Adding Prediction to the NuPIC Spatial Pooler

  • Nov 13 / 2013
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Adding Prediction to the NuPIC Spatial Pooler

Jeff’s theory describes an interaction between prediction and feedforward activation, whereby a cell is partially depolarised by coincident activity on its distal (predictive) dendrites. Predictive cells get a head start when they receive feedforward inputs, and are thus most likely to fire compared with the other cells in a column, as well as non-predictive cells in neighbouring columns.

For some reason, this is not completely implemented in NuPIC. The Spatial Pooler (SP) does not take prediction into account at all, and in fact acts as if it were one big cell with a single feedforward dendrite and no distal dendrites.

I propose the following changes from the existing (diagram below, left) to the proposed (right) CLA SP design:

1. Each cell now has its own feedforward dendrite.
2. Cells in a column have identical potential inputs (fanout).
3. Permanences initialised identically for all cells in a column.
4. Potential activation for each cell is sum of predictive and feedforward potential.
5. Cell with highest total activation provides column’s activation for inhibition.
6. Same cell is chosen for activation if column becomes active.
7. Feedforward permanences will diverge depending on correlations for each cell.

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Anticipated Advantages of this Design

1. More Accurate Neural Model

The real neocortex has a feedforward dendrite per cell. The reason the cells share similar feedforward response is that the feedforward axons pass up through the column together, so they will form similar (but not identical) synapses with all the cells in the column.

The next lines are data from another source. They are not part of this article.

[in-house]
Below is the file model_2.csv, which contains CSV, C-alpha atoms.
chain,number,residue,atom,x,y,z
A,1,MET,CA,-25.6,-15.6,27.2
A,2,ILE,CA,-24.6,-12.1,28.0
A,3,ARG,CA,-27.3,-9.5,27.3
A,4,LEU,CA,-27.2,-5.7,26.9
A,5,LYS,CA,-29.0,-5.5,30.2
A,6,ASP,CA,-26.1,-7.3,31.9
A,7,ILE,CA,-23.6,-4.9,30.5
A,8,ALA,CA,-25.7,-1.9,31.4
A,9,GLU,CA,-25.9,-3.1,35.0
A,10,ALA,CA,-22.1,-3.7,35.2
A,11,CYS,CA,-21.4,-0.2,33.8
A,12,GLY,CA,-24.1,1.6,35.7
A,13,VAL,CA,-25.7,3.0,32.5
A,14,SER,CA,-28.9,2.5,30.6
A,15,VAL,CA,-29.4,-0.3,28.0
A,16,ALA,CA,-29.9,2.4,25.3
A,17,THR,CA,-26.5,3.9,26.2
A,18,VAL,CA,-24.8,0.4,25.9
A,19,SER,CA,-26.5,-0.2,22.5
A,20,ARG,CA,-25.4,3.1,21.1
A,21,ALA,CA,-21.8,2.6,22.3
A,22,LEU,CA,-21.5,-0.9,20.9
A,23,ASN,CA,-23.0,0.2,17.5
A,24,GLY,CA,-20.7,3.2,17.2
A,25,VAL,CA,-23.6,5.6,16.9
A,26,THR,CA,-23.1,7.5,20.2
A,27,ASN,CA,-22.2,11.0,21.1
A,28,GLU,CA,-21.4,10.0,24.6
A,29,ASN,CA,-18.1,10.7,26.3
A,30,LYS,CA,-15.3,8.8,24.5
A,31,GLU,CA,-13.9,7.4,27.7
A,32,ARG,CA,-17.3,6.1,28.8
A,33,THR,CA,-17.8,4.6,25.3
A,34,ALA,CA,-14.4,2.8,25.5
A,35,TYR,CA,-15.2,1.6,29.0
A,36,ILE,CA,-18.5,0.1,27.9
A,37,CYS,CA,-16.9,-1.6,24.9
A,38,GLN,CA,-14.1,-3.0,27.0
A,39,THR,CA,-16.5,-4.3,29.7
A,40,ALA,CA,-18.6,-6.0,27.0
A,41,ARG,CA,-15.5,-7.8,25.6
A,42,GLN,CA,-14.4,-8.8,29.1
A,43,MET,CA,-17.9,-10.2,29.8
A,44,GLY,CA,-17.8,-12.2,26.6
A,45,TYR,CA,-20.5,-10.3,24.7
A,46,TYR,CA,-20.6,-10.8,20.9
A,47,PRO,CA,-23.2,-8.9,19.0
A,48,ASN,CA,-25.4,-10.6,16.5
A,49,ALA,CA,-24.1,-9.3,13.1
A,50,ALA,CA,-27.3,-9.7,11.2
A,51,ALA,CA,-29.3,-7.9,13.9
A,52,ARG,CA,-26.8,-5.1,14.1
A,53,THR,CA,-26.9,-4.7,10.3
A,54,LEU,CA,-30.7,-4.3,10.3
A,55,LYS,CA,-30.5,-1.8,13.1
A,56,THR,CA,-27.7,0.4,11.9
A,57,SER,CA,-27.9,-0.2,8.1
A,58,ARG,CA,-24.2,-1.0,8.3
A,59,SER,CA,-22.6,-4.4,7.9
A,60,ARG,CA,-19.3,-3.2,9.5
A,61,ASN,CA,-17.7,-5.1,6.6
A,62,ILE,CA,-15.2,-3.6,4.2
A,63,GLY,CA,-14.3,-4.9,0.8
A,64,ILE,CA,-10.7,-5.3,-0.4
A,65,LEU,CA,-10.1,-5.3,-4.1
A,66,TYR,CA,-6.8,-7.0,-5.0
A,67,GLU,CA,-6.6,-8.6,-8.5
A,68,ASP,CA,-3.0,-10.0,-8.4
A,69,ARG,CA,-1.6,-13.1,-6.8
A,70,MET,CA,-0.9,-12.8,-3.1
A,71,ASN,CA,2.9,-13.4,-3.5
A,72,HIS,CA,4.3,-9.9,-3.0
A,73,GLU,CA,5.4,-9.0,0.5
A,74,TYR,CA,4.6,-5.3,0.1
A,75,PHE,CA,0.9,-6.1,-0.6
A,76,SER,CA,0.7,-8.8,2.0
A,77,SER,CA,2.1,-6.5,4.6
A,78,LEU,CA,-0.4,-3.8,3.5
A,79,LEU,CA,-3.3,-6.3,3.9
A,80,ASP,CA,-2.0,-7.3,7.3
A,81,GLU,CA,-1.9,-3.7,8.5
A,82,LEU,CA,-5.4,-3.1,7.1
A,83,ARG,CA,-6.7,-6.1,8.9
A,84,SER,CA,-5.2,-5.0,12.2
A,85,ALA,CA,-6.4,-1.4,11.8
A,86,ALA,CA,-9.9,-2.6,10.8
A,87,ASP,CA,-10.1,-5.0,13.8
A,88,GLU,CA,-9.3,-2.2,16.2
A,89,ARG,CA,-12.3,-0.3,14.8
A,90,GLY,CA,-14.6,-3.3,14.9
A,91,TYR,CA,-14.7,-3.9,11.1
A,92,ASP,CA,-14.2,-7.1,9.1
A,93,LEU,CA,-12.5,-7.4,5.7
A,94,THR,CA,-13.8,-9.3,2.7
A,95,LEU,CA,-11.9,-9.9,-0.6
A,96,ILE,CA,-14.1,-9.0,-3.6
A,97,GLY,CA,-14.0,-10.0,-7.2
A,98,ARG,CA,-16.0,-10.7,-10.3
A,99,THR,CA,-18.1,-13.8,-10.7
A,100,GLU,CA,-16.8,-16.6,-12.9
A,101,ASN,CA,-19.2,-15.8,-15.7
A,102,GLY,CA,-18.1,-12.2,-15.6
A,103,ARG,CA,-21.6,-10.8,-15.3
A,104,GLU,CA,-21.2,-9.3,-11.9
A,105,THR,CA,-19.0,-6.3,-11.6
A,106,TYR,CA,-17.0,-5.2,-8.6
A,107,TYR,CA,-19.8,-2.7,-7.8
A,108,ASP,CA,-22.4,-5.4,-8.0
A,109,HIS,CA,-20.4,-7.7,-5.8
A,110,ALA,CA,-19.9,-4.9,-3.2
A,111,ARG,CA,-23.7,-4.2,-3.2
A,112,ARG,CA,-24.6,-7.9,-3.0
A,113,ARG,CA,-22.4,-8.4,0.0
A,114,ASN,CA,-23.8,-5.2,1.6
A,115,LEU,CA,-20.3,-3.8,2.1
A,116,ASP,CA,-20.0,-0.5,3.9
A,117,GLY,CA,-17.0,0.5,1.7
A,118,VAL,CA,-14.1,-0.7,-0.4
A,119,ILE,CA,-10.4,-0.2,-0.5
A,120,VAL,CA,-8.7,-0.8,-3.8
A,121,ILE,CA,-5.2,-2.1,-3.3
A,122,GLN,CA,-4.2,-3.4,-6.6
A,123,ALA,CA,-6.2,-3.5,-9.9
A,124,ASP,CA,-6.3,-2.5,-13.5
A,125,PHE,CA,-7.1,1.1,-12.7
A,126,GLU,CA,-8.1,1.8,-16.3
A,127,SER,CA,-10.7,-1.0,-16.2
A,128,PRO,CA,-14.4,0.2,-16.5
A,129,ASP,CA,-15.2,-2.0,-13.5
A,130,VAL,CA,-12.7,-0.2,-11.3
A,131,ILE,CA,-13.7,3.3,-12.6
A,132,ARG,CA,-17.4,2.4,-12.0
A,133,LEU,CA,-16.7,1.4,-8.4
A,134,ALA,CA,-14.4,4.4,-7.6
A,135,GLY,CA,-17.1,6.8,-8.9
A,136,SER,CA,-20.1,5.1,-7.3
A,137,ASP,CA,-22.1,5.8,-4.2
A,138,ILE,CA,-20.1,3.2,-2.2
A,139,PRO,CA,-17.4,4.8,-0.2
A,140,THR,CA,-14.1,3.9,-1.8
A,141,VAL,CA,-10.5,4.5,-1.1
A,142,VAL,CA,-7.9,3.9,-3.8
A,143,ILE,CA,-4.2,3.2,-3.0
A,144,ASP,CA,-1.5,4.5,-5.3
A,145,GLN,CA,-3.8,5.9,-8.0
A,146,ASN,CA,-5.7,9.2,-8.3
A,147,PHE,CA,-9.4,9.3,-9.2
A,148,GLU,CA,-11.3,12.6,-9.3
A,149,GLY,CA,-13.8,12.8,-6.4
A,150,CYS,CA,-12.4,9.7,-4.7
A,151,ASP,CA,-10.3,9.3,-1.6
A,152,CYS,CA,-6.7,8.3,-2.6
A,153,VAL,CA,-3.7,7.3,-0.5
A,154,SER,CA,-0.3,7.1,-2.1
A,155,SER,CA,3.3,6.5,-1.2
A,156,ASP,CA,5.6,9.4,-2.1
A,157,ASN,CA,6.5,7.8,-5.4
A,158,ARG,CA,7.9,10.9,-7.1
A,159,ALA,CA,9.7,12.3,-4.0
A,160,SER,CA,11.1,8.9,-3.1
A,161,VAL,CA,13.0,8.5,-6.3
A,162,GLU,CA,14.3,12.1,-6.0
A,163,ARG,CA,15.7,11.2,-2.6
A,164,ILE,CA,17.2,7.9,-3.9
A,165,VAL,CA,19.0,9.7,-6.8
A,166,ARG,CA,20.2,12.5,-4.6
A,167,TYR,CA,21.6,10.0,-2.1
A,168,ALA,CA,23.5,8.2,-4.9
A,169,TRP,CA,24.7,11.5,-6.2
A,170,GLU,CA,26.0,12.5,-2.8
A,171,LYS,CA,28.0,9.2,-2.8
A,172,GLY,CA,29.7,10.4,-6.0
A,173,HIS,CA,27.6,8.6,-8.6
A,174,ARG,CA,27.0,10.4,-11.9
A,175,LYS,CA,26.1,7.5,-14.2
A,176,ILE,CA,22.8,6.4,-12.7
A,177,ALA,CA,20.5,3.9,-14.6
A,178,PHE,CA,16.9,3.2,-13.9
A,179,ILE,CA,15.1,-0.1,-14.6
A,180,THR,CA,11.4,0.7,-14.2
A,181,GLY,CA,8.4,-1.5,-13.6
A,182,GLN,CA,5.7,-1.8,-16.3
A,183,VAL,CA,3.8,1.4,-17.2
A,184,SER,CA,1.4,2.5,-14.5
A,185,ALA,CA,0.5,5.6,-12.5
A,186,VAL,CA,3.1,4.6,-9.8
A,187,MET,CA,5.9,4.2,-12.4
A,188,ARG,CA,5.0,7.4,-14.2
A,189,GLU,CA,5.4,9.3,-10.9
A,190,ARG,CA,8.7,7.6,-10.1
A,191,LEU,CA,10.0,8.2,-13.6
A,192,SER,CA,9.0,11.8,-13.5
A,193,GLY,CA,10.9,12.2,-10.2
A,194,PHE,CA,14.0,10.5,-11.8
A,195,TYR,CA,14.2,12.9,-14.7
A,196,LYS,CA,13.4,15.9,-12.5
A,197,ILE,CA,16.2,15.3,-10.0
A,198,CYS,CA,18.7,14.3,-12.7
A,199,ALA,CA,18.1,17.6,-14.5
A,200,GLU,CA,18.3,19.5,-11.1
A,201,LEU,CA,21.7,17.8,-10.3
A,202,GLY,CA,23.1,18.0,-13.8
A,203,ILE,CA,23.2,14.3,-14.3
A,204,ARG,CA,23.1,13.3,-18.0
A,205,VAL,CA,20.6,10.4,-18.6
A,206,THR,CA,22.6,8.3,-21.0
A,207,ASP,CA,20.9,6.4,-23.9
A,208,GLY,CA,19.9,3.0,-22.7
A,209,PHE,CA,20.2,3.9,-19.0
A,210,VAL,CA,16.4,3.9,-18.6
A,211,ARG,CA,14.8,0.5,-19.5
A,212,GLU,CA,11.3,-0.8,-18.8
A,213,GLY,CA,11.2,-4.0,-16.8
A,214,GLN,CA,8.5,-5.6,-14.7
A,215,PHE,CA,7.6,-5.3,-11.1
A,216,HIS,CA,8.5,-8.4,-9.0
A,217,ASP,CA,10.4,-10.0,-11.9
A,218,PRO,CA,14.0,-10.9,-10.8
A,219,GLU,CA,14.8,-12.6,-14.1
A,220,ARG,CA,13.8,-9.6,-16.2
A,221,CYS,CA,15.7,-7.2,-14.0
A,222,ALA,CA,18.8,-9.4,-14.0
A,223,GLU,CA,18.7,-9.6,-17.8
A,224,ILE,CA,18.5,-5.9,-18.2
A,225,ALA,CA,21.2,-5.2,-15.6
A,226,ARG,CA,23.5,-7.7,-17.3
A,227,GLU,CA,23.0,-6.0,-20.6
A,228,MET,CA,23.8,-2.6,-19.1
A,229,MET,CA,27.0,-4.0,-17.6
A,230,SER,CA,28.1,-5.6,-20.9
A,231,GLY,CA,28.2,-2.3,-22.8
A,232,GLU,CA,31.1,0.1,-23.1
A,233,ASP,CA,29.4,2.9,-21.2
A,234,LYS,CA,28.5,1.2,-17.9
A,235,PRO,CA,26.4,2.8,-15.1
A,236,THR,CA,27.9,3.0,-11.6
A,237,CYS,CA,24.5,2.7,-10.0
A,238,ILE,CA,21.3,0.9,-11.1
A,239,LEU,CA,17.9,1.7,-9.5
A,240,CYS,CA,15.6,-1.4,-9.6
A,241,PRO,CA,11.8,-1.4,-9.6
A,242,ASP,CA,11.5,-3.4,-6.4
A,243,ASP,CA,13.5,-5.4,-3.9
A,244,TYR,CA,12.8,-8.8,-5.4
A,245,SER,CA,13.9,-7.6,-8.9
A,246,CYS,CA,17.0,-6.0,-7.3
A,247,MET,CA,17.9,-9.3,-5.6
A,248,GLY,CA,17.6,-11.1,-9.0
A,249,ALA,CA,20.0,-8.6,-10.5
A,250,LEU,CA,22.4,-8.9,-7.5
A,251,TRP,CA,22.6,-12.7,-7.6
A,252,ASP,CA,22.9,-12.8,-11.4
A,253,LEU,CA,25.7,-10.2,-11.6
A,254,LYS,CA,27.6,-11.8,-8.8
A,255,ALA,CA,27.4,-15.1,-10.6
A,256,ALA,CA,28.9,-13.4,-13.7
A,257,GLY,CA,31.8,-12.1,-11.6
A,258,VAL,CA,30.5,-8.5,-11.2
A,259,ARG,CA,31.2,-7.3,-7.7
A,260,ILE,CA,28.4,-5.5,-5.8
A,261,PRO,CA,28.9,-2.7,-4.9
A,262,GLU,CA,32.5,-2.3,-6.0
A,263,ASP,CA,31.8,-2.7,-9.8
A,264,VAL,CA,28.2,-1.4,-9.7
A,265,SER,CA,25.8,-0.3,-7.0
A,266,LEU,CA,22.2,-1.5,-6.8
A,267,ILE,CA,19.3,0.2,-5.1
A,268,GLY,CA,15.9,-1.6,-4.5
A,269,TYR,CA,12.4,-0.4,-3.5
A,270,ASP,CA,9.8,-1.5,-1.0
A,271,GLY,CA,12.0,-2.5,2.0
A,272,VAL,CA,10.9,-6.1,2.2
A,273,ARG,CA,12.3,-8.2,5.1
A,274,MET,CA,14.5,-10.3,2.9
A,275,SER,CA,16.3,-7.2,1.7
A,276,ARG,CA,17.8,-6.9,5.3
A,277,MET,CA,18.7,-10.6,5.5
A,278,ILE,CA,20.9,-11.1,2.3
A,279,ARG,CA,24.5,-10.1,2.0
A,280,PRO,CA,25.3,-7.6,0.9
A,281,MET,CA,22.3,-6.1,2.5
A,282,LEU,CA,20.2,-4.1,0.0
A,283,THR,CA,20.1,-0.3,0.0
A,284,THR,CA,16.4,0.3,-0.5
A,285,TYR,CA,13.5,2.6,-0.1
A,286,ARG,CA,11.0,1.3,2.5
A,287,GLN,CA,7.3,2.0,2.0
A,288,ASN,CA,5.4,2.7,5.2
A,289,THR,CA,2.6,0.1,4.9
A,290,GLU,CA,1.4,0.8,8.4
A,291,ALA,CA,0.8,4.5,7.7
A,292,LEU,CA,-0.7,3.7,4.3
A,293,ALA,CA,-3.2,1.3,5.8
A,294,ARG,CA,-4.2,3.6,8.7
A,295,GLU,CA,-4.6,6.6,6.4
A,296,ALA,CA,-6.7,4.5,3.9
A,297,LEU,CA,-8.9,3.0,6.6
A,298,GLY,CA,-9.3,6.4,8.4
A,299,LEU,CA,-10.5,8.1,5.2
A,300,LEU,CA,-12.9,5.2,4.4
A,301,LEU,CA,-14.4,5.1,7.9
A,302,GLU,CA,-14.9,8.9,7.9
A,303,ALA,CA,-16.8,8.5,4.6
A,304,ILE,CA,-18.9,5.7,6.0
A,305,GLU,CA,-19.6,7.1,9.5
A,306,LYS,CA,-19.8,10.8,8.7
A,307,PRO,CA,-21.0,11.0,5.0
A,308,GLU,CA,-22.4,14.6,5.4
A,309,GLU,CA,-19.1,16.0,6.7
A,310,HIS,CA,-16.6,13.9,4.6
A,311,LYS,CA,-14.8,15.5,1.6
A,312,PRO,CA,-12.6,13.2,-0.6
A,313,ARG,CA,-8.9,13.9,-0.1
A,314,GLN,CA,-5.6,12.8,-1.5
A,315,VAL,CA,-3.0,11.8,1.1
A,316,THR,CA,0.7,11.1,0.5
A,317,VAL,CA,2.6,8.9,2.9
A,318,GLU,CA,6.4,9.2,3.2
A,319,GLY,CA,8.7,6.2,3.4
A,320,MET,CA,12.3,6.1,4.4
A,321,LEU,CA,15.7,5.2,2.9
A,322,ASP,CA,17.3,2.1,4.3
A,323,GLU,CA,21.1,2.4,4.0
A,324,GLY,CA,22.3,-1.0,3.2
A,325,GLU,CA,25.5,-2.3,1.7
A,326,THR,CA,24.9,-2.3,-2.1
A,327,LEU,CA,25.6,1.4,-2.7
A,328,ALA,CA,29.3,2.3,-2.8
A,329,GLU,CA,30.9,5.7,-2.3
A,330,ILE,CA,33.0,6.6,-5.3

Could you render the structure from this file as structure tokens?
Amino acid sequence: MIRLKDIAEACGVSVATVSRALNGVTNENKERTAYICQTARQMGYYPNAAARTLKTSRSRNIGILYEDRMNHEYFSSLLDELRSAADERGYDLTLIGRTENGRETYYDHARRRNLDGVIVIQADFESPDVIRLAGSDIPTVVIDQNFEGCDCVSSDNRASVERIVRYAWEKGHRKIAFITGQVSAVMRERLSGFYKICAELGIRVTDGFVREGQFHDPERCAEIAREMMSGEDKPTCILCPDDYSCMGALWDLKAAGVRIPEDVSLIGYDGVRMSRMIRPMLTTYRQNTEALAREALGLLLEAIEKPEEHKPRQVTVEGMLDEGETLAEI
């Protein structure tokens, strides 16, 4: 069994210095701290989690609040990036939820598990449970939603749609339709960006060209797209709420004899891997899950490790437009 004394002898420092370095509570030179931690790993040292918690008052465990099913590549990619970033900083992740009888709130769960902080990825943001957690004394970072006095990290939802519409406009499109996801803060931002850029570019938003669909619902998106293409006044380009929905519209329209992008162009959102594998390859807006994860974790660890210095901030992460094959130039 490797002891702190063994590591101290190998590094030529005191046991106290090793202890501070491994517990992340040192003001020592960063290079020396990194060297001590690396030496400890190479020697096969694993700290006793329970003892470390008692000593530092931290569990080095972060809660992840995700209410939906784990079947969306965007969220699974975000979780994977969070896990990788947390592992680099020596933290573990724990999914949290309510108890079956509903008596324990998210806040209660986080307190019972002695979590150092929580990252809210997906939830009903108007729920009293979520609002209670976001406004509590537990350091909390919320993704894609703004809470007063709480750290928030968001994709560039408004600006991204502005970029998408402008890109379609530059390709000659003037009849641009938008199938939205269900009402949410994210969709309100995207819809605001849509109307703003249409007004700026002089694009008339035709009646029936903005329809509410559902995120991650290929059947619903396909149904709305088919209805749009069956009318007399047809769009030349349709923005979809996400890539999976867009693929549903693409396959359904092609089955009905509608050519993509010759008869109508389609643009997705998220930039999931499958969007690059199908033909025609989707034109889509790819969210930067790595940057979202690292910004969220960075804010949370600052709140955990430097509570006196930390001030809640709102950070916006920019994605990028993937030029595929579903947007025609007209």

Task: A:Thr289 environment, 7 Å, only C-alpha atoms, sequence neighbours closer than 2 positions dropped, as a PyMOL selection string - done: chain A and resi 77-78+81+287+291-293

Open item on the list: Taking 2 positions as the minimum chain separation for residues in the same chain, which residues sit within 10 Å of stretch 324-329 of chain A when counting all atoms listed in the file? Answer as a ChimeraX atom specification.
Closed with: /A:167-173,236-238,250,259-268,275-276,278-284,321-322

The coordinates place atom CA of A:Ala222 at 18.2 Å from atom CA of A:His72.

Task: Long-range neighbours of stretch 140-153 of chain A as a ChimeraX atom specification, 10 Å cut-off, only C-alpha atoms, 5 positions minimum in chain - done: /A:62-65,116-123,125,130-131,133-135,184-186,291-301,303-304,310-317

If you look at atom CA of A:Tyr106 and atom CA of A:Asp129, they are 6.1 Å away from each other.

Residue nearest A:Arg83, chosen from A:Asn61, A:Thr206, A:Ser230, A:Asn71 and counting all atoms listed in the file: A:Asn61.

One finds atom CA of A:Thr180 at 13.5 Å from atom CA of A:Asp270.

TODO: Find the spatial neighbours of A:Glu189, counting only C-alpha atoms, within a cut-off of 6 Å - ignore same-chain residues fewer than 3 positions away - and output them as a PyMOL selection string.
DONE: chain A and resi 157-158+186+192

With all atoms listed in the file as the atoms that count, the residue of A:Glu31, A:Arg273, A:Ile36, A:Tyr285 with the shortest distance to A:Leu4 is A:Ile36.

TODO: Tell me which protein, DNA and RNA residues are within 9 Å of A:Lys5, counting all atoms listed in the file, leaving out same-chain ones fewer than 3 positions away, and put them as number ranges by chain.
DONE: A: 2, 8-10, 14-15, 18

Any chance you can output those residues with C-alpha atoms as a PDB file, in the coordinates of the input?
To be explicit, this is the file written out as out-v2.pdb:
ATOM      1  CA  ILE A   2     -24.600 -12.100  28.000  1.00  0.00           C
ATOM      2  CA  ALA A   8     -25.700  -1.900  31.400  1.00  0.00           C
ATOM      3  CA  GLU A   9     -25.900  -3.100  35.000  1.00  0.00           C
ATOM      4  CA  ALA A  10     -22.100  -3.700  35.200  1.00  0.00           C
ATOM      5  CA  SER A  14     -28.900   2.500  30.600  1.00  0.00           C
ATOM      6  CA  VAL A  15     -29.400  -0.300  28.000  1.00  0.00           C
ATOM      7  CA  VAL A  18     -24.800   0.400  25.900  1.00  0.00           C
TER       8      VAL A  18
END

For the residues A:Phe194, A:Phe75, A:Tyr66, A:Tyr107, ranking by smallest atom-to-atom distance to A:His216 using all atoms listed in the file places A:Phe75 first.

Cells in a column will all have different histories of activation, so the permanences of their synapses with a given feedforward axon will not be identical. Each cell will learn to match its own activation history with the corresponding inputs.

In the real neocortex, prediction is implemented by a partial depolarisation of the cell membrane. This lowers the amount of feedforward potential needed to fire the cell. The cells with the highest total of predictive and feedforward potential will fire first and be in the SDR for the region.

2. More Informed Spatial Pooler Selection

The current SP ignores prediction, so it does not have the additional information which the region believes, i.e. what sequence are we in, and at what position? This is a significant factor in reducing ambiguity and constraining the space of likely patterns, which the real neocortex uses universally.

In addition, each cell now gets to tune its feedforward response more precisely to its actual inputs (i.e. the ones which occur in its sequence memory). Inputs which contribute to patterns found only in other cells’ sequences will be treated as noise and disconnected. This improves the overall noise suppression and spatial recognition.

3. Easier Reconstruction of Inputs

Because each cell has its own feedforward dendrite, the permanences on that dendrite will evolve to become a statistical representation of the bits associated with that cell. This makes it easier to reconstruct the inputs from the activation pattern (or from an SDR imposed on the region from above).